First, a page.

I am unaware of any such guidelines, but I wouldn't be surprised considering they're a non-profit, public museum and these were all-ages events. The only performance that came into question was Arca, Jesse Kanda, and Total Freedom, who closed out opening night at EMP's Sky Church. Had their imagery not been displayed on a 60' x 33' HD video wall, I'm fairly certain it wouldn't have gotten that level of scrutiny. I didn't catch the performance myself, but from what I heard and saw via social media, it was more disturbing than sexual. To be clear, no Decibel Festival performance has ever been censored and we've always given artist free rein to express themselves how they choose.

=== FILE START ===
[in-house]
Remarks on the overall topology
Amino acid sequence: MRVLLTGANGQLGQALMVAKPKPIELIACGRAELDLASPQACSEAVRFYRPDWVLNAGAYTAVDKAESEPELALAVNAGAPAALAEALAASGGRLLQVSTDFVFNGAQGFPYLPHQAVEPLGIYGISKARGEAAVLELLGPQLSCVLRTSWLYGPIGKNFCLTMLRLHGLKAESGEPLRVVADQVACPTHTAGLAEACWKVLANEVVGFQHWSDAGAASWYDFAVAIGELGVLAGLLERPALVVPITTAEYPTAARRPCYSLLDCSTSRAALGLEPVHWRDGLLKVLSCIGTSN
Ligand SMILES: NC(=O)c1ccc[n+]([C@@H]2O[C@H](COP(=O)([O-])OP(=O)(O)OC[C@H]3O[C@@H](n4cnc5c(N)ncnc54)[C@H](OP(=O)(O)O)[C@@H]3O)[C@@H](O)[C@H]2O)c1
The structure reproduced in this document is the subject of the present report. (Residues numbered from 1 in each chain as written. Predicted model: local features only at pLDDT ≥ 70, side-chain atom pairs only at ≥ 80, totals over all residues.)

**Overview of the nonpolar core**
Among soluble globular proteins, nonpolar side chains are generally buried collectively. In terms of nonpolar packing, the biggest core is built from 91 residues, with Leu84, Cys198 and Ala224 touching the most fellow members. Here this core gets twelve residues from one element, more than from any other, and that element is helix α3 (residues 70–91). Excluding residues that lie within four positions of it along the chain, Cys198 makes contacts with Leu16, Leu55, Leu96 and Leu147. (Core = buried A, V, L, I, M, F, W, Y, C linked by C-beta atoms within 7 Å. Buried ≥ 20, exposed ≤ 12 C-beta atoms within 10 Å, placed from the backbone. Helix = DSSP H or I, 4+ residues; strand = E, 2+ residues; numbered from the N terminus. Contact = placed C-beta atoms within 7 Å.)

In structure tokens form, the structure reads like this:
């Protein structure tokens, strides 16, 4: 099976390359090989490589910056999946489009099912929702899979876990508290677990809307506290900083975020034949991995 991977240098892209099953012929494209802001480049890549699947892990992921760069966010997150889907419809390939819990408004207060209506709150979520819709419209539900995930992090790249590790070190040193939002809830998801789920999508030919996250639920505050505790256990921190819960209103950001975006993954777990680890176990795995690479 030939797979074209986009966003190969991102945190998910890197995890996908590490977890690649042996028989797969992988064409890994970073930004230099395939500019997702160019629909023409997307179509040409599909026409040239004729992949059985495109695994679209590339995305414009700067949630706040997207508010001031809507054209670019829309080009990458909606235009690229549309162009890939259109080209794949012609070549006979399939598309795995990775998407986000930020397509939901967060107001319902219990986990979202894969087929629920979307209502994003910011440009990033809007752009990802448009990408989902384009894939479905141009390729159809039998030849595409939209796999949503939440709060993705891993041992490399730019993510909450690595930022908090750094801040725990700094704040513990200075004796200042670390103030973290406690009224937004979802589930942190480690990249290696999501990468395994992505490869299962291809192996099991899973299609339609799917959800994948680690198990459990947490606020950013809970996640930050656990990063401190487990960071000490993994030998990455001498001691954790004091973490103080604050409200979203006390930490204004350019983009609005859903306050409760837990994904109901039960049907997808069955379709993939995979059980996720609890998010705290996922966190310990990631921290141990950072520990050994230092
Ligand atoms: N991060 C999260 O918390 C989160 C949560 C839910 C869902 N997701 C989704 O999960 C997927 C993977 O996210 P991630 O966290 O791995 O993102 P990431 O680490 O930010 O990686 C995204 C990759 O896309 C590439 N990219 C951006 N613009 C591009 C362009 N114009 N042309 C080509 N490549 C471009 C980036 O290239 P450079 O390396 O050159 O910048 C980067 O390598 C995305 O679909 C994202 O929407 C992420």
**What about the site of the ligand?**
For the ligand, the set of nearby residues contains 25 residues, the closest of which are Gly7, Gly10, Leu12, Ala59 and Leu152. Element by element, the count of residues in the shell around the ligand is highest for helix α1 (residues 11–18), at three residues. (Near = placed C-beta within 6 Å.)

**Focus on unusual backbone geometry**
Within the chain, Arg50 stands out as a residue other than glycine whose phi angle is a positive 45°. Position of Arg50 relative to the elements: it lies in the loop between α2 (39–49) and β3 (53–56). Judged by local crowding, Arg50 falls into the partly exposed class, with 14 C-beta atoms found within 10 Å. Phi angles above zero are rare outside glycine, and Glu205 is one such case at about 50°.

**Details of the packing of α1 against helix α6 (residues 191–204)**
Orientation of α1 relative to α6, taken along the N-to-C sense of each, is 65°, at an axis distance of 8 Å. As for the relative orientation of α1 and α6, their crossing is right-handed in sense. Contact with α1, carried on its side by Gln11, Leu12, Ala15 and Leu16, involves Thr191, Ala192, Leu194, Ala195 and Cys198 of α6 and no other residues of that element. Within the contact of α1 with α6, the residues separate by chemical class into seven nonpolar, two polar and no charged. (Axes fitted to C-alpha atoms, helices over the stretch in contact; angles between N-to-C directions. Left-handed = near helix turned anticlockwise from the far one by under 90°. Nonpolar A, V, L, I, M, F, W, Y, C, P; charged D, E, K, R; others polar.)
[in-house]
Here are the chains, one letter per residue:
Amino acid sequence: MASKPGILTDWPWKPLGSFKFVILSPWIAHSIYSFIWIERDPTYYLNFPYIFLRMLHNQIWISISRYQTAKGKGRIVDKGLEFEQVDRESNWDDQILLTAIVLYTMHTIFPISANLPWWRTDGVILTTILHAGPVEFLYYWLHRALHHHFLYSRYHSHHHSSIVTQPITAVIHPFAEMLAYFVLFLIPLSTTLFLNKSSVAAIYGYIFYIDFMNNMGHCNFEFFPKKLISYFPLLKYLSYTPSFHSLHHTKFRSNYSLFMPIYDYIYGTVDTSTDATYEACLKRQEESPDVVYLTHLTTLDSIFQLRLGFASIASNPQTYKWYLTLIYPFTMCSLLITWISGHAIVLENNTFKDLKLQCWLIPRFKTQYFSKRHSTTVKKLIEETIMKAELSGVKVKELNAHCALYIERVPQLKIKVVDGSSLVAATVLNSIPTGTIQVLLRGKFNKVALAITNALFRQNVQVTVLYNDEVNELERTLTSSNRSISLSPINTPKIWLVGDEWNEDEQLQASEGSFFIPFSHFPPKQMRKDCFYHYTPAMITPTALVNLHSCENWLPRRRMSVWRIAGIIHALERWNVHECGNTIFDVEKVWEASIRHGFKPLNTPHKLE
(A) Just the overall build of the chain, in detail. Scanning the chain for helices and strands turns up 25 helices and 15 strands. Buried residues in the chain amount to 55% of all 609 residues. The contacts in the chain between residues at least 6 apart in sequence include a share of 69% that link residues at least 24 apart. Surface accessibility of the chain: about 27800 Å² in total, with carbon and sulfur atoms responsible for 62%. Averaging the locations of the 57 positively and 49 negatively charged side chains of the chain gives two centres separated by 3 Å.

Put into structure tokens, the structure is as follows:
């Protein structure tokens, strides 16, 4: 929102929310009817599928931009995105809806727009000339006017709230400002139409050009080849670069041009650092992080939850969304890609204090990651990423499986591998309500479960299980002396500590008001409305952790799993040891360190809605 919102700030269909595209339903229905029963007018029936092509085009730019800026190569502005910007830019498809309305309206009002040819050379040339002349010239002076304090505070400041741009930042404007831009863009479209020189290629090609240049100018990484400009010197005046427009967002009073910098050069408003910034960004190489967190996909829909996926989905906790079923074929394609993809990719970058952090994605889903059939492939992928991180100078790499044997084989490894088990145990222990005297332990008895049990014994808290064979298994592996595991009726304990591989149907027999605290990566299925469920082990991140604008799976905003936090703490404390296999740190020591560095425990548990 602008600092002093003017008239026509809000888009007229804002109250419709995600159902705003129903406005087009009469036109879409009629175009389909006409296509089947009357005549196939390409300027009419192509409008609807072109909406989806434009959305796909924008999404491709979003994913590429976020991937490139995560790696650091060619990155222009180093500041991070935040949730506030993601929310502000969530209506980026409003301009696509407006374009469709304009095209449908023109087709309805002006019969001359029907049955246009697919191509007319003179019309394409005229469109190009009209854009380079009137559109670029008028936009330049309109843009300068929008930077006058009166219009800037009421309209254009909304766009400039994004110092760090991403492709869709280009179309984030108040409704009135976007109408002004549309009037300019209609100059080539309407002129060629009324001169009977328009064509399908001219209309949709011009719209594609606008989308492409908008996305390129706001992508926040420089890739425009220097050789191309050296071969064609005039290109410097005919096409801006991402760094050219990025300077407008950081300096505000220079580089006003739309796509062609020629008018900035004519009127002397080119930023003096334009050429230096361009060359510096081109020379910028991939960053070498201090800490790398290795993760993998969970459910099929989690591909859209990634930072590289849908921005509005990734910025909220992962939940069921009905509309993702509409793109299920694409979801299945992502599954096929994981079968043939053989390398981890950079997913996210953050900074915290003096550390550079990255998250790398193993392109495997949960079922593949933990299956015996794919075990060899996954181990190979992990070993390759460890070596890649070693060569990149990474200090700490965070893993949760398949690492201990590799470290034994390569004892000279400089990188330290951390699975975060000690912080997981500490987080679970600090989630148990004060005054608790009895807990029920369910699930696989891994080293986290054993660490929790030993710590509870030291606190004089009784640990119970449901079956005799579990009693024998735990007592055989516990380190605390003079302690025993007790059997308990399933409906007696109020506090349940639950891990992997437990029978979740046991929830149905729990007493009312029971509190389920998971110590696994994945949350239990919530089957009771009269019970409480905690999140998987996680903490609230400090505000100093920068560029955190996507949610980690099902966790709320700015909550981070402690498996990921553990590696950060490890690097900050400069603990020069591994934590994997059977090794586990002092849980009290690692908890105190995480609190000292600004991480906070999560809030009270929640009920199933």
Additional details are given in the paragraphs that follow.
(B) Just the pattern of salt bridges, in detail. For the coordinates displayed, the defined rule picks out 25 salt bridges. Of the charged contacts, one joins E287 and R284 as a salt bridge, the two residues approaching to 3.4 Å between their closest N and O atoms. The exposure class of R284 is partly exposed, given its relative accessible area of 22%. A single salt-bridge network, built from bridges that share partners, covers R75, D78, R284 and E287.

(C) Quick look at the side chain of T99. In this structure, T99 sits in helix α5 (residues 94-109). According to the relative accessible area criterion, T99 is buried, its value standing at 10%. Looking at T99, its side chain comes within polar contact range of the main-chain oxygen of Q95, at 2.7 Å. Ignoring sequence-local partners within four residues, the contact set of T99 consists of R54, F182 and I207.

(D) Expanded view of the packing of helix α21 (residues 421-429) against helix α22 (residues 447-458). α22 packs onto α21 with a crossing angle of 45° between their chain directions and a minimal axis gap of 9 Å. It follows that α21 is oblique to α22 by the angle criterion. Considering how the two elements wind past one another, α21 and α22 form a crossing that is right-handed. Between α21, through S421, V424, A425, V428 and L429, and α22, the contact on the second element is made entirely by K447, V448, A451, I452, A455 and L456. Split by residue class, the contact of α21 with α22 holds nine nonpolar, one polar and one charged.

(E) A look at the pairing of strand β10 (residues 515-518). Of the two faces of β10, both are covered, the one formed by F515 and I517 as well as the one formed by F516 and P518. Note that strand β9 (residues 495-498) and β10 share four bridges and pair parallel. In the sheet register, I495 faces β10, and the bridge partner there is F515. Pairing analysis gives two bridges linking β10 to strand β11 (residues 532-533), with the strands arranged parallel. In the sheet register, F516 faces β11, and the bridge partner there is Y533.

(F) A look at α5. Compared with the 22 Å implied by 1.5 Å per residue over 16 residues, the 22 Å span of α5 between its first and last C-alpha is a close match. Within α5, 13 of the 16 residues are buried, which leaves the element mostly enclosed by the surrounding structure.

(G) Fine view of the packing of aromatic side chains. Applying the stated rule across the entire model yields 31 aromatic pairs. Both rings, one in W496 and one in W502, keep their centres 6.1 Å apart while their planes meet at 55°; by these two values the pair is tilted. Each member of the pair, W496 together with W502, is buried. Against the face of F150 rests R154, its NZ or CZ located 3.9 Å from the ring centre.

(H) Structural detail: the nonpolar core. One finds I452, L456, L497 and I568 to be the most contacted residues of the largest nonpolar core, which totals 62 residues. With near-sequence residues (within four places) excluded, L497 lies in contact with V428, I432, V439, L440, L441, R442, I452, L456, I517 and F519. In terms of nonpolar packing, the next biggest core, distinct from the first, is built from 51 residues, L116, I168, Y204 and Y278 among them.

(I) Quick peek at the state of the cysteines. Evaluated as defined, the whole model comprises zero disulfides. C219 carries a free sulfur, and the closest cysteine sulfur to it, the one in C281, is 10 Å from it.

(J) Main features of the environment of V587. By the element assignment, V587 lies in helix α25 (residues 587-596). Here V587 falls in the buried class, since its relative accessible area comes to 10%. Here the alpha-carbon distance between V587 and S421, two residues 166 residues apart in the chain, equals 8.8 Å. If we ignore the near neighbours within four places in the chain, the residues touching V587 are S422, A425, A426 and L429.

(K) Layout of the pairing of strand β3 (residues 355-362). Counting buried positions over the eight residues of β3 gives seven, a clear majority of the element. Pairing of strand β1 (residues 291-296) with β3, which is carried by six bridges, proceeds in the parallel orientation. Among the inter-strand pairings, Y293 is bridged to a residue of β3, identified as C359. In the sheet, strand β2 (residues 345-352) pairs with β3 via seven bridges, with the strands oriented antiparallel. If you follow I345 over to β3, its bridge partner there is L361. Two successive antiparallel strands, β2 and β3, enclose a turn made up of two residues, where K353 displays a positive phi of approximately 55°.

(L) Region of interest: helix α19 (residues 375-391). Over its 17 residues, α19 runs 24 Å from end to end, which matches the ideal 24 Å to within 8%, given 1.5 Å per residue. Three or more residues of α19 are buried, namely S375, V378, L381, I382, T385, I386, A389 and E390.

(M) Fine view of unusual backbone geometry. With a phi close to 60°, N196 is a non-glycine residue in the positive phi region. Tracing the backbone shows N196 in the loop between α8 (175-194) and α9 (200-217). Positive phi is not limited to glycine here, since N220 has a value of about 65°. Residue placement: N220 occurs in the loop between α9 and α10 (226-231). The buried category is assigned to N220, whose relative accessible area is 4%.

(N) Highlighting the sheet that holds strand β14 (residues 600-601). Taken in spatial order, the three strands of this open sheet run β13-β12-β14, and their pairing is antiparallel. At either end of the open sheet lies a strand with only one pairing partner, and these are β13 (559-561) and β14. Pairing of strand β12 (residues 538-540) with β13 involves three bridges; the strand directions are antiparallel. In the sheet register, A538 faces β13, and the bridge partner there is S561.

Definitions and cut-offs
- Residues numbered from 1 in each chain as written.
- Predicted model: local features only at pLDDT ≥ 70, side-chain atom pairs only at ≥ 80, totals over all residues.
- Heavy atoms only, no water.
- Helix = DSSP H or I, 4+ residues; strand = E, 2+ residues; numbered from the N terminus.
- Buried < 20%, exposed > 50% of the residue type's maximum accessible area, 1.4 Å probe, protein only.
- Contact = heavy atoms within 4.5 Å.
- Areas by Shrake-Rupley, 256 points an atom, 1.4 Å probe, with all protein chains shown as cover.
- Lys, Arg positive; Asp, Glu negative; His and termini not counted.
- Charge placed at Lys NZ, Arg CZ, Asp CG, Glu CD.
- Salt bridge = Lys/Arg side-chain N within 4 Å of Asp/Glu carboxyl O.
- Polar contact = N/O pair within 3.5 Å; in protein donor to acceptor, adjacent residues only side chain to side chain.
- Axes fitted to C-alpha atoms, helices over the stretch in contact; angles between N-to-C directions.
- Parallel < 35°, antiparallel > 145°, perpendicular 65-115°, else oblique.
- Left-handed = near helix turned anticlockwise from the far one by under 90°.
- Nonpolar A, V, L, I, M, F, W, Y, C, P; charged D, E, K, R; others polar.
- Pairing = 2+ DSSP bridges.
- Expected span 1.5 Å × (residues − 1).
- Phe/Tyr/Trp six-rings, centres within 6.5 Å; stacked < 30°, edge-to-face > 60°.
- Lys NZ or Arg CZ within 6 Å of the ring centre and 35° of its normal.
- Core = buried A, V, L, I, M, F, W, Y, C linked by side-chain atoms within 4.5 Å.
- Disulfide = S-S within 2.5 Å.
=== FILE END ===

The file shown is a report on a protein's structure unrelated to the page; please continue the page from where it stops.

What were your Decibel highlights?
I was able to experience 47 performances this year, or roughly a third the entire program. Of these, my top five performances were Max Cooper presents 'Emergence', Simian Mobile Disco performing 'Whorl', Richie Hawtin and Ari Demiral, Andy Stott, and Recondite. Other highlights include, KiNK, T.Williams, Steffi, Marcel Dettmann, Rival Consoles, Loscil, Alessandro Cortini featuring Leo Mayberry, Lee Burridge, Sassmouth, Max Cooper featuring Pendleton House Collective & Benjamin Van Citters and Lusine featuring Diagraf. Overall, this was the most memorable program I've experienced and certainly in our top three in terms or attendance.